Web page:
Question of the Week: When Weight Loss is "Easy"
Today we continue answering the most sought after question – How can someone lose weight?
During part 1 – I said that the answer can either be really easy – all about facts and figures or extremely complicated and multifactorial.
No one wants to believe that it is going to be a tough and difficult journey for them – most people wish it would happen yesterday already. They wish they would wake up one day and have their most ideal body shape and size and automatically feel super confident in their skin.
(Spoiler Alert – you can achieve these things and not lose a single Kg on the scale! – but that’s a discussion for another day…)
So today we can discuss the answer that most people wish to hear – How can we lose weight – the easy answer: it’s all about the routine, the variety and the portions of food:
- Timing of meals:
During my lockdown series (found on the blog and on Instagram and Facebook) – I spoke about the importance of having a consistent and regular eating routine. This is the first step to eating healthy and achieving a, long term, healthy weight.
There are lots of discussions around intermittent fasting and many people believe in skipping of meals, however this is one of the unhealthiest options for the body, long term and can be very unsustainable.
The metabolism (in a nutshell) is the rate at which your organs need and use energy. This energy comes from the food that we eat on a daily basis. So if someone has a consistent meal routine, for a long time, then the organs rely on a consistent input of energy and they can work optimally – people have named this – having a “fast metabolism”. These people feel hungry at regular intervals – and they refuel at regular intervals by eating consistently.
When people try various different diets – it distorts this meal routine and the organs habitual reliance on this energy input. Therefore the organs need to find an alternative source of fuel, away from the fuel that we eat, and that comes from internal (bodily) fuel stores. (BUT – Spoiler Alert: this does not mean that the body uses ‘fat reserves’! In a starvation state, the body usually breakdown muscle and fat from the liver – not the abdominal fat that is so widely advertised.) This causes the metabolism to “slow down”, and some people notice that they do not feel hungry nor, feel full. The body was not designed to live off of its internal fuel stores, long term. Therefore by eating regularly i.e. within 1 hour of waking up, and then eating every 2-3 hours afterwards, it will allow the body to notice hunger and fullness cues.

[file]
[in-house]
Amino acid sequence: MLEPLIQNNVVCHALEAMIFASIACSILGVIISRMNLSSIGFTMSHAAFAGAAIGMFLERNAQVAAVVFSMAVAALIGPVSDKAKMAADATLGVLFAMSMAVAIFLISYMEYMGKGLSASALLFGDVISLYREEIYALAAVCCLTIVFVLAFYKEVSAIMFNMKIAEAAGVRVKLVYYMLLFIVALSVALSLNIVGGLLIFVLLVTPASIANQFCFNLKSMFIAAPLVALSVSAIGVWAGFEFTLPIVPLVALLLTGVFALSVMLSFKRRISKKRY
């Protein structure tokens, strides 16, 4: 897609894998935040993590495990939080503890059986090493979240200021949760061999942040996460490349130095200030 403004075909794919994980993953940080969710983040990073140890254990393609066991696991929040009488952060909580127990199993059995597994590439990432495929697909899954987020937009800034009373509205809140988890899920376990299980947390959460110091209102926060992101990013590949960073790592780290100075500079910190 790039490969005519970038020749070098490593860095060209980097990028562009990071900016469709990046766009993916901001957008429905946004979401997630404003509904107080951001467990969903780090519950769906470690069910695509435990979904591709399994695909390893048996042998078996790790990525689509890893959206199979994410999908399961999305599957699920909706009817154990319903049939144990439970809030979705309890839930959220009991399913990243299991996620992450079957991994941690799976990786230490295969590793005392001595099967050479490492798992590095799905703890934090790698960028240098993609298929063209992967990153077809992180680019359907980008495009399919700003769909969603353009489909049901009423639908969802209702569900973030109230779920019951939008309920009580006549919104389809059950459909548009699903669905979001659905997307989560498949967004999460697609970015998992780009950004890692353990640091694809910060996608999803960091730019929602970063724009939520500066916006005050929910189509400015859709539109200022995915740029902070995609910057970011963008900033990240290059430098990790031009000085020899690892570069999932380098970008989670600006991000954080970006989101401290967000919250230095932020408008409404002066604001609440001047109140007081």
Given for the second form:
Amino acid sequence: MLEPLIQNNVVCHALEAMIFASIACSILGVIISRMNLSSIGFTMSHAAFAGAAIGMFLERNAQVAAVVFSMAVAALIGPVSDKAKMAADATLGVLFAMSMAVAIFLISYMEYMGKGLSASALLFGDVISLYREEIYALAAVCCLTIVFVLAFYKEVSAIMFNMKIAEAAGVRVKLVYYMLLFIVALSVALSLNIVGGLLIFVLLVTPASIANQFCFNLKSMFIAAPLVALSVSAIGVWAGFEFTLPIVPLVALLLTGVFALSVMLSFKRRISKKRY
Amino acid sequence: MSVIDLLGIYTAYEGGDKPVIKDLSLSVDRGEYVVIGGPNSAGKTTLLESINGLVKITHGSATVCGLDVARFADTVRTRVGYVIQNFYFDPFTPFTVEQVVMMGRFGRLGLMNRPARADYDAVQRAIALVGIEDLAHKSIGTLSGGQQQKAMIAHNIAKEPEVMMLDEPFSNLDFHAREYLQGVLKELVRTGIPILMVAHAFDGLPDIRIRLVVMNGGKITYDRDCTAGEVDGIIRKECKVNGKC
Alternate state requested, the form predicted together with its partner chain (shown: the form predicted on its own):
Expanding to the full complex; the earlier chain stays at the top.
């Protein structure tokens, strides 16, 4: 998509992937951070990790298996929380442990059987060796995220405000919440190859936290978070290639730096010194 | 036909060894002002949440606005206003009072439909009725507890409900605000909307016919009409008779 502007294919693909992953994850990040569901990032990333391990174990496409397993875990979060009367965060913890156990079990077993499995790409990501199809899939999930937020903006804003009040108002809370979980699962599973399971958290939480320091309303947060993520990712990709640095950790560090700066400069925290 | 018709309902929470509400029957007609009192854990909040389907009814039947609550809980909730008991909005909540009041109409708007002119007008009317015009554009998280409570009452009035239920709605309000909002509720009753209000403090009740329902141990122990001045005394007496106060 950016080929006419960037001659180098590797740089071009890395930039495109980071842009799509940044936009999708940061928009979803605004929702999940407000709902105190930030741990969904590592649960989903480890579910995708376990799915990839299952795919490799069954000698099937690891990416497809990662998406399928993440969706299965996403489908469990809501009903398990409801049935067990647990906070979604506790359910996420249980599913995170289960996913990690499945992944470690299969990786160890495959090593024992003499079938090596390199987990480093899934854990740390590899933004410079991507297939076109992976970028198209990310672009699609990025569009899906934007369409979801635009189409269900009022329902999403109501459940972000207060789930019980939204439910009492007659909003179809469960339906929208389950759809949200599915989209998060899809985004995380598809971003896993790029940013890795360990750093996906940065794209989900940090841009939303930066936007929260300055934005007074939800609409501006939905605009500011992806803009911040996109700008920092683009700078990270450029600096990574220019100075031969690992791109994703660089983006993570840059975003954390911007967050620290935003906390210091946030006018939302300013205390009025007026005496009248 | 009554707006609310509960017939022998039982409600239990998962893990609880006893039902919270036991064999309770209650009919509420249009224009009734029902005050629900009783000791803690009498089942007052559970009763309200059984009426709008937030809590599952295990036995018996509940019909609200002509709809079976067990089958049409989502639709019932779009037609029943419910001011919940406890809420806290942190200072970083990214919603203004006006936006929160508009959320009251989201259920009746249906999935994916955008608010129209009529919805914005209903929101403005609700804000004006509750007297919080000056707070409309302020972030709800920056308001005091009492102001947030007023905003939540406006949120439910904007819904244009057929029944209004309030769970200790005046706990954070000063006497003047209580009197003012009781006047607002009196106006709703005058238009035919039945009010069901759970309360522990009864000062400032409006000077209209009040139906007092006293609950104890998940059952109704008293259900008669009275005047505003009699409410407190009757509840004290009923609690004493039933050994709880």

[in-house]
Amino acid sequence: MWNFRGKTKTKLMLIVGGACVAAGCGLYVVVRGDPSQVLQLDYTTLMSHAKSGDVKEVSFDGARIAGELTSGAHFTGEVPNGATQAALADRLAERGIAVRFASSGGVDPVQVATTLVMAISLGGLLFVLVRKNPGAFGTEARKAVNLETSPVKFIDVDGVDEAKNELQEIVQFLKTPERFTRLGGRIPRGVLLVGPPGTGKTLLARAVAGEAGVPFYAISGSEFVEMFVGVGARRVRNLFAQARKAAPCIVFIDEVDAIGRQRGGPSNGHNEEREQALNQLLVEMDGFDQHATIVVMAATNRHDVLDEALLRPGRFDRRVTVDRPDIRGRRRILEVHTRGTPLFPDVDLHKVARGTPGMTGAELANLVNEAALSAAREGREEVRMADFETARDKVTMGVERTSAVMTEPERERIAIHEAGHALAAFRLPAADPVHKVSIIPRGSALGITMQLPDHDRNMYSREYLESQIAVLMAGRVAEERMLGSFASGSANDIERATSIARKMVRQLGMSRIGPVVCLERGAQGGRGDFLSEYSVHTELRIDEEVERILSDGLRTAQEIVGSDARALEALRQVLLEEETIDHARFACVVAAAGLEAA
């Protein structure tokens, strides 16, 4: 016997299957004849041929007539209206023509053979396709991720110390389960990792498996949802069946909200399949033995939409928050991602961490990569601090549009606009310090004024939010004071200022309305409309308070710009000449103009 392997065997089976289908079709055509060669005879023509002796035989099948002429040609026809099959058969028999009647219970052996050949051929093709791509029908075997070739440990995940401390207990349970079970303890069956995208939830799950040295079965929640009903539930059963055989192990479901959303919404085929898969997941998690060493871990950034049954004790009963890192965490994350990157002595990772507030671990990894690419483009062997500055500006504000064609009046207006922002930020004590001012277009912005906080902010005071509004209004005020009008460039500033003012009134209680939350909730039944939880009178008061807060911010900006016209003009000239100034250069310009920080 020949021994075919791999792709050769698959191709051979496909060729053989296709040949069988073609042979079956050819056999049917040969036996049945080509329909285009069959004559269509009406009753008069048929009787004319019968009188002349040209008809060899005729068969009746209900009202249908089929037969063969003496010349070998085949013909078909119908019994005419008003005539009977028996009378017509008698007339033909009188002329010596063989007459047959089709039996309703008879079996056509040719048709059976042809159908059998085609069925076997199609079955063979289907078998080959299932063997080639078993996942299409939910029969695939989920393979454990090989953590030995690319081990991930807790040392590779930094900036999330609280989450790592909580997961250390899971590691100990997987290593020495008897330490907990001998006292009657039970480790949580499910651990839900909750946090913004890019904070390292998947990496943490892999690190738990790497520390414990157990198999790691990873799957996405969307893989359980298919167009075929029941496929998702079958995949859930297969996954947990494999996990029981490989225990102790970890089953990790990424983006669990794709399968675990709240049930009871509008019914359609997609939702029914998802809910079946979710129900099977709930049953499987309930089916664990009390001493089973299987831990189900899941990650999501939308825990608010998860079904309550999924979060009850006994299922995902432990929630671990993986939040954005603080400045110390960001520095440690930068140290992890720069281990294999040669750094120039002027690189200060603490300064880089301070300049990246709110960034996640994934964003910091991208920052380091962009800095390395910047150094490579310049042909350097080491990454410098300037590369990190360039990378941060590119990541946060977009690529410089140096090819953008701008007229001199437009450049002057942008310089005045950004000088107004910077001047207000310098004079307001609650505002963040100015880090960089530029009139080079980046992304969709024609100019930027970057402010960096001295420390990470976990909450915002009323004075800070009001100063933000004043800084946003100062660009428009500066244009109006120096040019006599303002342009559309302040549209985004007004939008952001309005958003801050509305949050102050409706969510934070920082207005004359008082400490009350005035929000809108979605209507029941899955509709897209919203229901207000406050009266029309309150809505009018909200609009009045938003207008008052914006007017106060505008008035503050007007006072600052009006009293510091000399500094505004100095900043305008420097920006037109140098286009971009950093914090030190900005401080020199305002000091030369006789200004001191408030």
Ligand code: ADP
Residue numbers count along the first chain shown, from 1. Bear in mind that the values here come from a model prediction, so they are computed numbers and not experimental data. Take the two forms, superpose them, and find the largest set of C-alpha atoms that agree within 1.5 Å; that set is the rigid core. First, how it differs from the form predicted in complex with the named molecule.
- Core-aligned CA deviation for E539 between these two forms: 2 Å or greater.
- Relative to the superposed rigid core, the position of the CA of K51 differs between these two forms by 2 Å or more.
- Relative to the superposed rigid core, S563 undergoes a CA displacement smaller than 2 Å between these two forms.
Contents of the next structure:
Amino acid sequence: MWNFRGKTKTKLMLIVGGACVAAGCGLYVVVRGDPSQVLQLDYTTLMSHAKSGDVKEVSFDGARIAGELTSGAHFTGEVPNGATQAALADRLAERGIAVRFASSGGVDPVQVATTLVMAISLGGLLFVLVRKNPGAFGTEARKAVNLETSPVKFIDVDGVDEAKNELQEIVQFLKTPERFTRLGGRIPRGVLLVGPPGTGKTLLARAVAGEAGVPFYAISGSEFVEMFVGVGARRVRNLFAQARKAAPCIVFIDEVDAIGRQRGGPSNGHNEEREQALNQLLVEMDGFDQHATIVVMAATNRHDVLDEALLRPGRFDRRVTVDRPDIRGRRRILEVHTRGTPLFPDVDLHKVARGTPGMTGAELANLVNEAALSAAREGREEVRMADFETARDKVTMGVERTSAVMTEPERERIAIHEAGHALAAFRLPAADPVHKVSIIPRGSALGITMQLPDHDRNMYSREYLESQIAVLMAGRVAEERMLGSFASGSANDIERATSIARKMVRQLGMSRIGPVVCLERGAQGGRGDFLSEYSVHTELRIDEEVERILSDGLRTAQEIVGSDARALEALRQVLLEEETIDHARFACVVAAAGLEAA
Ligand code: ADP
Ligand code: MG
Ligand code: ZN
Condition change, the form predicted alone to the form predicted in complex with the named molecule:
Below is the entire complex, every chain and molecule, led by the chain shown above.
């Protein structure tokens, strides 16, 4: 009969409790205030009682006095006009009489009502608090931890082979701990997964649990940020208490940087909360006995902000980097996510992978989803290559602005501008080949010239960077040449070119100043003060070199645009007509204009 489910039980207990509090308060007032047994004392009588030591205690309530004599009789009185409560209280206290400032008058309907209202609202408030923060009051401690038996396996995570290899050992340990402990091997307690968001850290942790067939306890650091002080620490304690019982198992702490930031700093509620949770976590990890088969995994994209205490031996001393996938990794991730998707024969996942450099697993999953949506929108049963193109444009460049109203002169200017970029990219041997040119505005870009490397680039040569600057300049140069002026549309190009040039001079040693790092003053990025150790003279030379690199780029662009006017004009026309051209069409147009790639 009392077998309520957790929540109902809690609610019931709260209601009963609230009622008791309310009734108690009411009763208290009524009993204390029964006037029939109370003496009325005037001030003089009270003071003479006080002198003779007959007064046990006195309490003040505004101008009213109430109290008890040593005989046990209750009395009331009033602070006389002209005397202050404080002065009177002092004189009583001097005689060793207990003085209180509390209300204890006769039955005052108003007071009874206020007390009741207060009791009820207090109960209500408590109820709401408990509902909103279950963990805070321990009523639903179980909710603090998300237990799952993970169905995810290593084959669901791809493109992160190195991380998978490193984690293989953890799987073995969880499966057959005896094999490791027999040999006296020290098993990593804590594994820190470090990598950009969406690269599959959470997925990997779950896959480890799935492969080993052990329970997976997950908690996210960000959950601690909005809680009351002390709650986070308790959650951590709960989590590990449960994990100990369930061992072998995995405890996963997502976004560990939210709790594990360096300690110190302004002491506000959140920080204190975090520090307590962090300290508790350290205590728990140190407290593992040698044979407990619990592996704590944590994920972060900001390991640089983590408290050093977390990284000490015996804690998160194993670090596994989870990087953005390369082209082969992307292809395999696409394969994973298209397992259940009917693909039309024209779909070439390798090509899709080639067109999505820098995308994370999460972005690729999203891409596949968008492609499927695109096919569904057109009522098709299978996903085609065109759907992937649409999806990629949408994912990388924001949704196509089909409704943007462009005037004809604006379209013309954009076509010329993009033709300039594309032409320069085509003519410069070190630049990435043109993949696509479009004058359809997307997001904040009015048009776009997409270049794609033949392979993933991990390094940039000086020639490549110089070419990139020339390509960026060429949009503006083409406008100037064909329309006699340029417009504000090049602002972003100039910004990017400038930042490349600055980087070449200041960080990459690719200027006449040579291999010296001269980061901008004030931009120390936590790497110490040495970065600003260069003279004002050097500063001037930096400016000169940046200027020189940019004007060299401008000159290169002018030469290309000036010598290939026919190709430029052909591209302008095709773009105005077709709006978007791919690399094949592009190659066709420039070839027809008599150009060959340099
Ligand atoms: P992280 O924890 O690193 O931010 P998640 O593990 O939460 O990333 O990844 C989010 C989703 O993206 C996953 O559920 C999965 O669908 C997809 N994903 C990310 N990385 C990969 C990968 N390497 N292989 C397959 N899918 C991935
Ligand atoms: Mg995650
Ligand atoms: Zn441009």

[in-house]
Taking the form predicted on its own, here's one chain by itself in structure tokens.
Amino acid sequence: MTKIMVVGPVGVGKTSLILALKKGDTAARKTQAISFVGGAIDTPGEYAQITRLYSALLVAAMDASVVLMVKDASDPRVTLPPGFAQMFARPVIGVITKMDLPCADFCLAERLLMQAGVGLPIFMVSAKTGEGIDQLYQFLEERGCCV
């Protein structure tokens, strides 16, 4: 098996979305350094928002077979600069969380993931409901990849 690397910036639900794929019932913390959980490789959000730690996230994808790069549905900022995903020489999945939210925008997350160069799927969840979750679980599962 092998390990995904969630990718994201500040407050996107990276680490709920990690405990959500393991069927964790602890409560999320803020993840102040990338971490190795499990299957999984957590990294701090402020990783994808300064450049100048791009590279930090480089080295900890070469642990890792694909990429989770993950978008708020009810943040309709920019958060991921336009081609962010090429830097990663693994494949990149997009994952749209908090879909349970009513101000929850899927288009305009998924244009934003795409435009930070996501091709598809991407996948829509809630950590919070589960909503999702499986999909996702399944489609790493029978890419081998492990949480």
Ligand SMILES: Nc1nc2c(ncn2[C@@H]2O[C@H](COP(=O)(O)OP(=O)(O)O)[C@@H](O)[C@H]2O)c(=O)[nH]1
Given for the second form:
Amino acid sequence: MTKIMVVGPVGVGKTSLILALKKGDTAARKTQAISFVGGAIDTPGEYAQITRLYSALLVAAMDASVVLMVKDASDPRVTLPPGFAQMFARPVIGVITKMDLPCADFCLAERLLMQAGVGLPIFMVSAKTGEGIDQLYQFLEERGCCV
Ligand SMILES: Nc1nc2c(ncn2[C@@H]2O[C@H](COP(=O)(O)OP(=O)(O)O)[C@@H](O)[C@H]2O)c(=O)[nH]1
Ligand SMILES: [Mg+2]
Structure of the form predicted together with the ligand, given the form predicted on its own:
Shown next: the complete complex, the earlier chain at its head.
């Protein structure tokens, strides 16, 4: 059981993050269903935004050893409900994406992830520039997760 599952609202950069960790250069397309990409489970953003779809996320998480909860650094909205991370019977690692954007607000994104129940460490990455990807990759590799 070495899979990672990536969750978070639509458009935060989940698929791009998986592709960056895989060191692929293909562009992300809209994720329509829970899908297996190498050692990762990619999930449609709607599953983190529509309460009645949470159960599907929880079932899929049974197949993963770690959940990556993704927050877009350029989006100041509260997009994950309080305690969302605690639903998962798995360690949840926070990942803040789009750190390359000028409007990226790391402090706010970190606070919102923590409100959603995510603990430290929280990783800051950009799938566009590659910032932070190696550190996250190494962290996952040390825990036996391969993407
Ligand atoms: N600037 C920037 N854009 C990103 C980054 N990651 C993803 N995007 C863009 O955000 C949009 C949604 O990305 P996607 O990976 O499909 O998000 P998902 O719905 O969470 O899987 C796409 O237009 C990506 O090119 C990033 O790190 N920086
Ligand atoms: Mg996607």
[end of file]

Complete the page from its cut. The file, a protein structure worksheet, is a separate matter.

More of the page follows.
- Energy intake/ portion size:
The metabolism also gives us an ideal of how much fuel/ energy each organ needs in order to function. This is usually expressed as a numerical value in kCal or kJ.
If someone has to eat more energy than their organs need – this would result in weight gain. This is because each of the organs can only use a certain amount of fuel and the rest is stored – usually in the form of fat. Out of the fuel/ energy options – Carbohydrates are generally used by organs first, Protein is used secondly and then lastly, Fat is used – therefore any excess energy is stored in the form of (leftover) fat.
If someone has to eat too little energy – less than the minimum amount of fuel that the organs need to work optimally – then the organs will break down muscle and store extra body fat, which also results in long term weight gain. This is why many people notice rapid weight loss, however it is not weight loss from fat, but rather weight loss from muscle breakdown. That is why it always results in rapid weight gain.
If someone has to eat less energy than the current metabolism, but not less than the minimum amount – it will result in body fat loss while maintaining, or building, muscle mass. This also results in toning up – i.e. losing body fat % and losing centimetres around the midsection/ waist.
- Food Groups:
Carbohydrates are generally used by your organs first and therefore are one of the most important sources of fuel. This means that you need to ensure that your organs receive a certain amount of carbohydrates from the diet. By eliminating carbohydrates from the diet, it will results in increase hunger, carbohydrate cravings and decrease in muscle and increase in stored fat. Therefore it is important to ensure that your main meals, such as breakfast, lunch and supper contain a certain portion size of carbohydrates in the form of fibre filled grains.
All food groups provide valuable nutrients and therefore need to be represented in the diet. If you are uncertain of portion sizes, a dietician can provide you with insights into healthy portion sizes to achieve weight goals.
- Meal plans:
Meal plans are guides, given by a dietician, that will allow you to learn about the importance of regular and balanced meals, and give you confidence to make healthy food choices.
Healthy Meal Plans:
– Provides you with insights into portion sizes and food alternatives
– Should be flexible and give you a wide range of options
– Always allow you to use your hunger and fullness as cues
– Be based on the food items that you are comfortable with i.e. bread
– Should be culturally comfortable and financially appropriate
Unhealthy Meal plans:
– Are restrictive with lists of foods to avoid or cut out
– Are too rigid by not giving you options to choose from
– Give recommendations of food items that are foreign or called “super” or “superior” e.g. quinoa if you are not used to it or comfortable with it
– Are filled with diet products to buy